I should know better, and in theory I do, but somehow I always forget about Fridays in Mayfair. Last week I did my usual stupid thing and arrived in this inner city, predominantly Muslim, Johannesburg suburb at about 11.45 on a Friday morning – just as all the shops and restaurants were closing for mid-day prayers. I ended up loitering in one of the few Hindu-owned fabric shops at the Oriental Plaza until the faithful came back to work at 1.30.
Saleh’s Bakery was definitely worth the wait. The location is a challenge. It is on a heavily-trafficked road complete with hooting taxis and roaring juggernauts. I have repeatedly driven past the bakery but the anxiety engendered by the mere idea of trying to turn right has previously put me off attempting to park. This time, I plucked up my courage and managed the manoeuvre.
We live in a world where real, old-fashioned pastry and bakery skills are rare but Chef-patron Ayub Saleh is the real deal. When I praised his work he shrugged modestly but he did ultimately acknowledge that he was “properly trained in Coventry a million years ago” (although it looks as if it was probably more like thirty) and that he does “like doing things the right way”. I was extremely excited to discover Saleh’s Bakery. I rushed about the tiny shop with attached kitchen like a mad woman buying one of everything and offering repeated, effusive complements. Ayub Saleh and his sons laughed off all such admiration in West-Midlands accents but their talent is apparent to anyone with eyes and/or taste-buds.
Every bite of the Macaroon at Saleh Bakery (available in classic and funky flavours – think salted caramel, rooibos, lemongrass etc) is a brief moment of perfection in which a light, even-textured crust gives way to a layer of moist almond meringue and then a centre of silky smooth filling. Many Macaroons in Johannesburg have bumpy skins (almonds insufficiently ground) and dry, tough shells suggesting staleness. Often they are also cloyingly sweet. At Saleh’s Bakery sugar doesn’t take over. The flavour is really there. It is not just colouring masquerading as taste.
Before anyone starts imagining a Parisian patisserie with fittings and food in pretty, muted pastel shades, it is important to point out that the store’s aesthetic and recipes owe at least as much to a Bollywood colour scheme and flavour repertoire as they do to Francophone posh nosh. I am a magpie so I adored all the edible diamonds. I especially admired the rainbow Swiss rolls. It is impossible to imagine anything more eye-catching than these glorious swirls of cream-cheese filled striped sponge. They are perfect examples of the Joconde decorative technique but the kaleidoscope of colours would put the gay pride flag to shame. Each Swiss roll is a classic roulade but vibrant in a way that is simply not possible within a French understanding of the colour wheel. All the South African sweet treats – from Cape-style, coconut-rolled Koesisters to ruby red kasi-classic Queen’s cakes – are also available. The bread selection is particularly eclectic with crusty Portuguese-style, flour dusted rolls sitting next to platted, brioche-like Jewish Challah and a stack of of Tamil cardamom-laced sweet Puran Poli fried flat breads.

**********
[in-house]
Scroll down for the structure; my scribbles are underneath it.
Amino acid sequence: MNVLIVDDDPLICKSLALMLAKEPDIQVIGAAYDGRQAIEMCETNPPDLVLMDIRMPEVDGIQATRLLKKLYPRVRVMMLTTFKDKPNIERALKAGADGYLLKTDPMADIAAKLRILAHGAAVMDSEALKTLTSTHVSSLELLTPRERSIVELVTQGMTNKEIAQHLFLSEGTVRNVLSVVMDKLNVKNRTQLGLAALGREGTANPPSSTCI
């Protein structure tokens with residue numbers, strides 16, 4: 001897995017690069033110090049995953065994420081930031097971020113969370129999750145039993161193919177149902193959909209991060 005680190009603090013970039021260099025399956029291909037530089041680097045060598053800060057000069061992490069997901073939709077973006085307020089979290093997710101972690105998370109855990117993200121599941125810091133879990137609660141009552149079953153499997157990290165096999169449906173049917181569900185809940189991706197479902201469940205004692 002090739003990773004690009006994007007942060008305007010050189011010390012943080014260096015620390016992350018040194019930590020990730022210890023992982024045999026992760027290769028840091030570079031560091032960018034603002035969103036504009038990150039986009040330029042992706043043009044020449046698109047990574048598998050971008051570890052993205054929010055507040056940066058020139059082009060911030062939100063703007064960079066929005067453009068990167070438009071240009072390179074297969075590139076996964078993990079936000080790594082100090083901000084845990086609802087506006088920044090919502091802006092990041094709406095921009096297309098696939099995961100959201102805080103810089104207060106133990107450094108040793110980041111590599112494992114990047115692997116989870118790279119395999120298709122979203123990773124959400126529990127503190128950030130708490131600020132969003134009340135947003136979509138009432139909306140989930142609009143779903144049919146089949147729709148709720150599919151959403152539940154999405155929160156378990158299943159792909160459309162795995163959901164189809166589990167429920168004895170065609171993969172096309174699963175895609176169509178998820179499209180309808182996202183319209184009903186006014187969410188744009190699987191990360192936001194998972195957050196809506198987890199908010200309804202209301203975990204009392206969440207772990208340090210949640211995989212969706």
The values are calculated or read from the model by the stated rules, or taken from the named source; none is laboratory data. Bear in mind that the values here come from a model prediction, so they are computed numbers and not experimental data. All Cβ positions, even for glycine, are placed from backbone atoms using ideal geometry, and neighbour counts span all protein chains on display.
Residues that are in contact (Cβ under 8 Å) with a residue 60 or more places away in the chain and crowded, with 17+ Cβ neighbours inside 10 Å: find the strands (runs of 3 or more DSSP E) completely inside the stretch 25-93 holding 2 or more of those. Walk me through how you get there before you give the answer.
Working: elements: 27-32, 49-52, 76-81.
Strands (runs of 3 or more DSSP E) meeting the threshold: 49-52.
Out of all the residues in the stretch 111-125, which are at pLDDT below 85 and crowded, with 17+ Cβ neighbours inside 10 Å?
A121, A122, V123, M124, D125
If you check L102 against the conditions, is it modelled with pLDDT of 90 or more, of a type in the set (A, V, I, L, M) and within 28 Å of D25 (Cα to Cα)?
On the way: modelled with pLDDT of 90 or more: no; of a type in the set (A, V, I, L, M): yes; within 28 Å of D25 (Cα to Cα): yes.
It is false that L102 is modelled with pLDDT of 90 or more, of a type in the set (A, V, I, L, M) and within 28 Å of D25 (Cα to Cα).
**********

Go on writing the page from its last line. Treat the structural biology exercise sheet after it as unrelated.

When was the last time you saw a Gateau Saint-Honoré anywhere? And yet, there they sit in Mayfair, puffed up with the pride of well-risen choux pastry. Saint Honoré was/is the Catholic patron saint of bakers and pastry chefs. Friday lunch time closing notwithstanding, the afore-mentioned holy man’s blessings and beneficence are apparent everywhere at Saleh’s Bakery.
Saleh’s Bakery 011 837 4274 or 082 378 7178; 81 Church Street, Mayfair, Johannesburg
• Dr Anna Trapido was trained as an anthropologist at King’s College Cambridge and a chef at the Prue Leith College of Food and Wine. She has twice won the World Gourmand Cookbook Award. She has made a birthday cake for Will Smith, a Christmas cake for Nelson Mandela and cranberry scones for Michelle Obama. She is in favour of Champagne socialism and once swallowed a digital watch by mistake.